No Visits = No Monitoring = No Good

The reality is that the health of your gums, teeth and jaws cannot be monitored during treatment if you are never seen by a qualified orthodontist. Even the most carefully planned treatments need to be closely monitored to ensure that your treatment stays on course. These visits must be completed by a trained orthodontist should a problem arise or a mid-course treatment correction be needed. The good news is that today’s technology has allowed patients to extend intervals between appointments to as long as 8 to 10 weeks.

Myth #4. Orthodontic treatment takes several years.

Orthodontic treatment requires careful, controlled movements of the teeth to ensure they are moving into proper positions. From simple cases (which may only take a few months to treat) to the most complex cases (which could take longer), your AAO orthodontist has the training, experience, and skill to deliver an excellent result in the shortest amount of time. It’s not worth the risk to have someone who attempts to do orthodontics as a side business because of the possible irreversible damage that could occur.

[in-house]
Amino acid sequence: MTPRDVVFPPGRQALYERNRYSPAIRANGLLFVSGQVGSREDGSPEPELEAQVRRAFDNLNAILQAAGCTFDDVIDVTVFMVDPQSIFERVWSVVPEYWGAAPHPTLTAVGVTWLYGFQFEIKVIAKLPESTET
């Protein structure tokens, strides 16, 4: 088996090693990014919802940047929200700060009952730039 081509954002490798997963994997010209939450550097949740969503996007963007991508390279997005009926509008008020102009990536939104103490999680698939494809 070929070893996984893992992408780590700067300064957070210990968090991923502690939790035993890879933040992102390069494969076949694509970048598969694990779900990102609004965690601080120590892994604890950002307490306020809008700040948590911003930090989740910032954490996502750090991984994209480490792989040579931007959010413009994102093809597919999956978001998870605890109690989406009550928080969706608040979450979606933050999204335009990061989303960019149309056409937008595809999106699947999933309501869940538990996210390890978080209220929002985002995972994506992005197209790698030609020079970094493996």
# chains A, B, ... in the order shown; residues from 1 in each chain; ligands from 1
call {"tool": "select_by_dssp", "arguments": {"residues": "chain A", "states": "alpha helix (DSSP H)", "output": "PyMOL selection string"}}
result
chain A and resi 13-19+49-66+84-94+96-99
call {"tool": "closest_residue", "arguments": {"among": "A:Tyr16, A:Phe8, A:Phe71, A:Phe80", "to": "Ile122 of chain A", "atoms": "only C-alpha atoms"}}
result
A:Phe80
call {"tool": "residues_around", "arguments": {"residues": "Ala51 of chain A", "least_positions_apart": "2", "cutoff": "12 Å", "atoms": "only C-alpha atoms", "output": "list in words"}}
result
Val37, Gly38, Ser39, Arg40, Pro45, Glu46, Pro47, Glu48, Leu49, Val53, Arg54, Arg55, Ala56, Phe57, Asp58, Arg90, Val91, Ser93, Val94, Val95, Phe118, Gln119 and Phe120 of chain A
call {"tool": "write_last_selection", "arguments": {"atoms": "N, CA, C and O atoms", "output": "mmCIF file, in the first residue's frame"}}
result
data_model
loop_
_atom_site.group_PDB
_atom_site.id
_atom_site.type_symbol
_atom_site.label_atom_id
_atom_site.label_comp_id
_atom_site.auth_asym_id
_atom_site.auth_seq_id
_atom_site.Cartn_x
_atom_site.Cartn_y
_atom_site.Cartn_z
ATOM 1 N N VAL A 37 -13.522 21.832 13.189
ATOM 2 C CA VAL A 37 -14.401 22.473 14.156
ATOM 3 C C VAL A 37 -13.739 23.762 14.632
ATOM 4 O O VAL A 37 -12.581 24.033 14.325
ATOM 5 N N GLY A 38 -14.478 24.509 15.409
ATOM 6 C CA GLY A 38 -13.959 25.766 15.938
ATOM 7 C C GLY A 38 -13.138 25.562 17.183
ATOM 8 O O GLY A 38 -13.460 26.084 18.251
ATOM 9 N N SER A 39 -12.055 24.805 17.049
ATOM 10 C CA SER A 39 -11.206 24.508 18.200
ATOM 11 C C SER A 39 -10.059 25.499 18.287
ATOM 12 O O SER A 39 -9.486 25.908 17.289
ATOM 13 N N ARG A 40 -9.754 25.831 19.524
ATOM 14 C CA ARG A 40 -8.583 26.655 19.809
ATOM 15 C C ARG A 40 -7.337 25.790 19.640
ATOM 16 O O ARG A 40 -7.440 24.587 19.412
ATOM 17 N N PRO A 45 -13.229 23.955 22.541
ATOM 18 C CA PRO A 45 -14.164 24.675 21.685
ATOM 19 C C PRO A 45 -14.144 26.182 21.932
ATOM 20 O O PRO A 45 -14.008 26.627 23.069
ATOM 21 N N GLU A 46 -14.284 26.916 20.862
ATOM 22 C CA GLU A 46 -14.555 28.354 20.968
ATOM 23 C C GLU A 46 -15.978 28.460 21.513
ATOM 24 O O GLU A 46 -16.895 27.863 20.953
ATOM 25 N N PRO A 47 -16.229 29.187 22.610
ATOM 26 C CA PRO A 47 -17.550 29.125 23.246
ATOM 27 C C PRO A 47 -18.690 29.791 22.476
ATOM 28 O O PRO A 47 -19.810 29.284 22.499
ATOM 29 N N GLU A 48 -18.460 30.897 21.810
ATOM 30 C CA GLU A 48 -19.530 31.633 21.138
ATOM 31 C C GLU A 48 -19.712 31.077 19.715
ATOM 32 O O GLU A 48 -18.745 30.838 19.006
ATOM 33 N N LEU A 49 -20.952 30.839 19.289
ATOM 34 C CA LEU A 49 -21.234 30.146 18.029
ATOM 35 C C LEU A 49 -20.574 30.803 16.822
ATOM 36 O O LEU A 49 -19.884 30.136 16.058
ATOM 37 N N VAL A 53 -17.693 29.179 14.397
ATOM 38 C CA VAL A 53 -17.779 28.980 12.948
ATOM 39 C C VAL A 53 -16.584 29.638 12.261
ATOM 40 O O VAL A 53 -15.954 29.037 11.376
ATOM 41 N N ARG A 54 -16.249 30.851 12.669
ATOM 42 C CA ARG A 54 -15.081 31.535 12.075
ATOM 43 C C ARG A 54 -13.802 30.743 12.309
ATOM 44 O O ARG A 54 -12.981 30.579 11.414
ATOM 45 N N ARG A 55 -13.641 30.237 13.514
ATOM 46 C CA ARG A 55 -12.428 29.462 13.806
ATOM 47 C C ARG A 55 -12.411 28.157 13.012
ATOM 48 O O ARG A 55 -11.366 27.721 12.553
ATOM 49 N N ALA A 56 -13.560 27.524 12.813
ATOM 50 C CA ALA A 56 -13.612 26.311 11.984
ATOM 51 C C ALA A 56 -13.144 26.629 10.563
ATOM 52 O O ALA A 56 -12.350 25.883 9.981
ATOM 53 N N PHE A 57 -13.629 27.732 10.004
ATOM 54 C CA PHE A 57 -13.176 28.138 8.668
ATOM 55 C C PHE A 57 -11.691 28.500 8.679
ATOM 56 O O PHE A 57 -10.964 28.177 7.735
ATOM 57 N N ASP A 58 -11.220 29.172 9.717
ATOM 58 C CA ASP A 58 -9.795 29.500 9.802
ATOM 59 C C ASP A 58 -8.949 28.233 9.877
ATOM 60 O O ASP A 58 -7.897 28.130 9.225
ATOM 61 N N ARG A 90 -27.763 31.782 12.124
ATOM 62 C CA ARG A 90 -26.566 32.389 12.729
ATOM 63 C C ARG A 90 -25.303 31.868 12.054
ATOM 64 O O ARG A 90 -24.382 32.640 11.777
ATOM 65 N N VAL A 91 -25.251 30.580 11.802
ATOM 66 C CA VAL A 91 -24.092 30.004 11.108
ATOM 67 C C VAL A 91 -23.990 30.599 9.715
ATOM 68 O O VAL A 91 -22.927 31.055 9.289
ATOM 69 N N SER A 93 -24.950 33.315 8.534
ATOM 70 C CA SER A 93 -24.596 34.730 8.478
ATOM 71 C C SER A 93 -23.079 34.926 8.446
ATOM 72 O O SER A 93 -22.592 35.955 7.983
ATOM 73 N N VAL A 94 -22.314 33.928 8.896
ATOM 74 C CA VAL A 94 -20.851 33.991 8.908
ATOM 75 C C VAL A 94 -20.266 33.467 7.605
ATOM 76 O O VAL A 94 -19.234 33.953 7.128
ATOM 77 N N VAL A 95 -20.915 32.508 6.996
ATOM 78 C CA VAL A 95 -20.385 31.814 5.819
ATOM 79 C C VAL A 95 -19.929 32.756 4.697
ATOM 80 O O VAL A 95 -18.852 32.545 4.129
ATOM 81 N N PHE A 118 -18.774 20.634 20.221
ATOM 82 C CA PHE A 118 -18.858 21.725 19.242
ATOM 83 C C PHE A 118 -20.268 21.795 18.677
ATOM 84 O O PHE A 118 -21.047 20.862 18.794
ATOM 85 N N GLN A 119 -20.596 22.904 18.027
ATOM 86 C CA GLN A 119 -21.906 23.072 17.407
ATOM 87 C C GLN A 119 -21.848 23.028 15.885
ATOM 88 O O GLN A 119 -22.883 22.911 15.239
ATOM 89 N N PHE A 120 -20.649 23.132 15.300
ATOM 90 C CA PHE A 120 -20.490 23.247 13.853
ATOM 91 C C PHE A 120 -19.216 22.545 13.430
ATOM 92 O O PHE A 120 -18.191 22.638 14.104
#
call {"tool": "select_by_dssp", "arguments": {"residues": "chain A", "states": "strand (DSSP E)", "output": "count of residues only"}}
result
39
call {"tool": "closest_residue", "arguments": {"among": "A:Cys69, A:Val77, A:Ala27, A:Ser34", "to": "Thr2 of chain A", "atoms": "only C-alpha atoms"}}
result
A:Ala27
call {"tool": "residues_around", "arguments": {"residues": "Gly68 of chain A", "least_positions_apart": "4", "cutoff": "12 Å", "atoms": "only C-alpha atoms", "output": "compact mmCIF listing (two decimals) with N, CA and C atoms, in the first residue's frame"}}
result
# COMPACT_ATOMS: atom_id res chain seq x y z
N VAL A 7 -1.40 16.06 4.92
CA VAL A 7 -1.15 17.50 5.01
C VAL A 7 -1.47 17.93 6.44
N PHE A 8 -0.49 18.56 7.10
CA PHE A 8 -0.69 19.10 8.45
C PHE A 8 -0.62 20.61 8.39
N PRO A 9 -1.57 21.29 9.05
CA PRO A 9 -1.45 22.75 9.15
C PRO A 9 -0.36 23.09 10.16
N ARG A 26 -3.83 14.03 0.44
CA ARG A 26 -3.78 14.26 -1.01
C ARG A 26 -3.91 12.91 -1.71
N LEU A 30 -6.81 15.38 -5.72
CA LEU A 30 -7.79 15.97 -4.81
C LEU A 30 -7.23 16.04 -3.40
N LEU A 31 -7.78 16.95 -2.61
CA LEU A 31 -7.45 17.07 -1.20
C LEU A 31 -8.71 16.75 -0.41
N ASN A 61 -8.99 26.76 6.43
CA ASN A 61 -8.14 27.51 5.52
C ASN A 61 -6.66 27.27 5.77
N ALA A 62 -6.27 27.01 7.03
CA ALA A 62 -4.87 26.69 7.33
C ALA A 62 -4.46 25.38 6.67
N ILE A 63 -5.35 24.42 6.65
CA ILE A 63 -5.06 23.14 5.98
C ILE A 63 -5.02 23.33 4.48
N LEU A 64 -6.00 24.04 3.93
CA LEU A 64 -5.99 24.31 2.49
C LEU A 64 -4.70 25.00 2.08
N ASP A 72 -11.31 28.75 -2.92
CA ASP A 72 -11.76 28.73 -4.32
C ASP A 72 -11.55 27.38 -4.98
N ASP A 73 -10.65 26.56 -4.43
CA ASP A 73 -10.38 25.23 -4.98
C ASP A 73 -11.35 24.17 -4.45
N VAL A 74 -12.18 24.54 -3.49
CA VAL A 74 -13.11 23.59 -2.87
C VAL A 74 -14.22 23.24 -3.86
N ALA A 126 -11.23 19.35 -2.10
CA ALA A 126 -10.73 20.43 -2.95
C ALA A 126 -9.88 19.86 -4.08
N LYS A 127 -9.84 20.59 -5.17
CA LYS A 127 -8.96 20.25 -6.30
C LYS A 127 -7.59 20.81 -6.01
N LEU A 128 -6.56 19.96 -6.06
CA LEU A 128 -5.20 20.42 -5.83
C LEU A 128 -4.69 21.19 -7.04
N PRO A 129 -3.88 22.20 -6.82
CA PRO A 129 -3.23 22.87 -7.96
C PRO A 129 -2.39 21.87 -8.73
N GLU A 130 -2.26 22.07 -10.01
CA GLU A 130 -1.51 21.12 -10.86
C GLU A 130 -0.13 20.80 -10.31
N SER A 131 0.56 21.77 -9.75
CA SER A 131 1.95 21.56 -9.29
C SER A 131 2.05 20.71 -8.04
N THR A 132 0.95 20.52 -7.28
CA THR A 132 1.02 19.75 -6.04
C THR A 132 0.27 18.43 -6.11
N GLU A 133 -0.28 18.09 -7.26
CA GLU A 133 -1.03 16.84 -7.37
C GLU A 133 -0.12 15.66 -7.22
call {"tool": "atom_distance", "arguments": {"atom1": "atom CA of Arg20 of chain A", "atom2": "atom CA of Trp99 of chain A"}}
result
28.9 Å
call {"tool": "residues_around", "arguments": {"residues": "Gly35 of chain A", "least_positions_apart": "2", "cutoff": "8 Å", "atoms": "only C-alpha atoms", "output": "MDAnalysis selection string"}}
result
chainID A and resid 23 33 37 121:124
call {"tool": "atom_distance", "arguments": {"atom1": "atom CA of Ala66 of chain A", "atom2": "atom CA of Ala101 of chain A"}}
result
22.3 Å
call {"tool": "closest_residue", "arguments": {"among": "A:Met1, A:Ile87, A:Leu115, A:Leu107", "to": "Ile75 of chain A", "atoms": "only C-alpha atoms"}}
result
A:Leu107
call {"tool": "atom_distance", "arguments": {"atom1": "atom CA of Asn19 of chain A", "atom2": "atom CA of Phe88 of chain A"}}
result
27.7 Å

Myth #5. Orthodontic treatment is purely cosmetic.

There’s much more to orthodontic treatment than meets the eye. An improved appearance is the most obvious result. But when teeth and jaws are in alignment, it means function (biting, chewing, speaking) is improved, too – a dual treatment benefit!

That beautiful smile is the outward sign of good oral health, and sets the stage for the patient’s overall well-being. Orthodontists play a larger role in healthcare than is generally realized.

Myth #6. Orthodontists only offer metal braces.